Pediatrics Supporting Parents
Pediatricians partnering with parents to promote social and emotional development.
This initiative has the ambitious long-term goal of improving pediatric primary care to foster social and emotional development in the same way that it focuses on physical health and cognitive development. Pediatrics Supporting Parents' ultimate vision is to help ensure that all children from birth to age 3 receive the supports they need to achieve kindergarten readiness and positive life outcomes.
The early years of life (birth to age three) represent a unique opportunity for pediatricians to work with families to support children’s healthy development. This is a time when families play a big role in their children's social and emotional growth. It's also a time when pediatricians can have a big impact on families—during these early years, families are especially involved, curious and open to new ideas.
We can make the most of this period by working at the family and pediatrics practice level to help pediatricians foster interactions between parents and children that support healthy social and emotional growth. And by focusing on at-risk children, we can help all families have access to the programs and resources needed to support their children’s early development.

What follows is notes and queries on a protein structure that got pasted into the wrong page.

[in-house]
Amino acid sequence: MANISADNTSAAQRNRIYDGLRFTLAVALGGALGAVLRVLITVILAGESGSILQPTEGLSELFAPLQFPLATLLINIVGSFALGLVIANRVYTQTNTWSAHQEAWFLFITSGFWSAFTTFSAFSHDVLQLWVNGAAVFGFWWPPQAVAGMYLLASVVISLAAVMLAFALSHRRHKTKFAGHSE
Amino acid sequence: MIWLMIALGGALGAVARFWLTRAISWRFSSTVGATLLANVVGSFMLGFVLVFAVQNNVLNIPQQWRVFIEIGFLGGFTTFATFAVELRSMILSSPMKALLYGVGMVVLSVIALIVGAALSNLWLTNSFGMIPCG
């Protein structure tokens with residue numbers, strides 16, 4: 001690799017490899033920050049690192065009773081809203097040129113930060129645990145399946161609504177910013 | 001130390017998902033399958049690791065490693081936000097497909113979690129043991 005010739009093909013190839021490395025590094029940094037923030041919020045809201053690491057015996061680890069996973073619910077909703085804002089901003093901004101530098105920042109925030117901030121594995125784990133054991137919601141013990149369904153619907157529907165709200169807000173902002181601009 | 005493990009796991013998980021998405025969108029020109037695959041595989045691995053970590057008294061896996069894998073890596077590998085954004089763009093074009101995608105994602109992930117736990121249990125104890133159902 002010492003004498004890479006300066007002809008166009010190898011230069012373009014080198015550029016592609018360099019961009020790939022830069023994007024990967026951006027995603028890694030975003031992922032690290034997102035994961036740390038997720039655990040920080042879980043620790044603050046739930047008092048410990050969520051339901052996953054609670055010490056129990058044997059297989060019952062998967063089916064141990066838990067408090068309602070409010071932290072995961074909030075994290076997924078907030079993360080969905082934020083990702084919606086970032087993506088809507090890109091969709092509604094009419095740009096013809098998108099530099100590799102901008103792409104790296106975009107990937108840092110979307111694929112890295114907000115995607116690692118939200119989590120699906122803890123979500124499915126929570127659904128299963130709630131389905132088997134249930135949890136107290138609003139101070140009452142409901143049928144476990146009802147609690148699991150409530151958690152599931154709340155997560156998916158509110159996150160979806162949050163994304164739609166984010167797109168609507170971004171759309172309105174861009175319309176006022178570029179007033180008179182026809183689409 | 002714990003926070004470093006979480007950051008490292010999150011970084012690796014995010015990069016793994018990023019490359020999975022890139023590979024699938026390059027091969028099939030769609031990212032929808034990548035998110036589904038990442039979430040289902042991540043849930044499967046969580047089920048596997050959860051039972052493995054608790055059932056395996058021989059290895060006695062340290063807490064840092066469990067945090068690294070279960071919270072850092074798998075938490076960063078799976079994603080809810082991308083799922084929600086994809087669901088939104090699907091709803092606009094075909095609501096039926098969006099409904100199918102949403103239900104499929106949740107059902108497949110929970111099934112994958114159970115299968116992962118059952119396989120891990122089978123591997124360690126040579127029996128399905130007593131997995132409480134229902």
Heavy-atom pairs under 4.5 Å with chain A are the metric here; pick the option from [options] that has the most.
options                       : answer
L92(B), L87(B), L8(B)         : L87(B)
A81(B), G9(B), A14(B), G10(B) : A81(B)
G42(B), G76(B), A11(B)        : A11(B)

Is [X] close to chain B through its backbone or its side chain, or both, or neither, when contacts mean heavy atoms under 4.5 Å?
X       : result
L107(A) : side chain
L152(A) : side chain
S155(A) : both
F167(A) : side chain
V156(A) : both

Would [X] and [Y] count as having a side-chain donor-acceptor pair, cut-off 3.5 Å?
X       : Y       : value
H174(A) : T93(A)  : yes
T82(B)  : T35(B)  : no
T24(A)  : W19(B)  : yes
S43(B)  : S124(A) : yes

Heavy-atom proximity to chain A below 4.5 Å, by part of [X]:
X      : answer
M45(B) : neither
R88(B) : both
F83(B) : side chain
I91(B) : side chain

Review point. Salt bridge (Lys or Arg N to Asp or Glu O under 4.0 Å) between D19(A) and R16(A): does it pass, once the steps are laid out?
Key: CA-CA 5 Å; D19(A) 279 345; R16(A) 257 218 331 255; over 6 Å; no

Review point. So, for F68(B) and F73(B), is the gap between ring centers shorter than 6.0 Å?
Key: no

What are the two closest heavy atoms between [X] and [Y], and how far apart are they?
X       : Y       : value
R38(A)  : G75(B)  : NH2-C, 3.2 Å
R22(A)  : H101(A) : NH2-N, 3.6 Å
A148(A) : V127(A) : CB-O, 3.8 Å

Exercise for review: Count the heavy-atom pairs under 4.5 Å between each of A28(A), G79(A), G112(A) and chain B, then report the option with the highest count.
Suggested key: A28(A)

Keep scrolling, or use these quick links, to learn more.
Participating States | Driver Diagram | What Does It Take and Who Do We Need? | What We Will Uncover | Related Insights
November 2017 – April 2020
- Who: 18 pediatric practices across the nation
- Funder: Phase one: The Silicon Valley Community Foundation Pediatrics Supporting Parents Fund; Phase two: Donors like you
- Our Role: Leveraging its background in improvement science, NICHQ will provide oversight and technical assistance to support the pediatric practices as they test strategies, collect and analyze data, and report on findings that lead to sustainable improvement, which ultimately can be scaled nationally.
If you are interested in learning more about this project, email us at email@example.com or view the full project charter
The learning community sites are provided technical assistance and an online collaborative workplace to promote continuous communication, and a data dashboard to capture shared measures and track progress toward the common agenda. Click on a state in green to see the participating pediatric and family practice sites. Or view a list of all sites.Below is a list of all participating pediatric and family practice sites. Or view the map.Below is a list of all participating pediatric and family practice sites: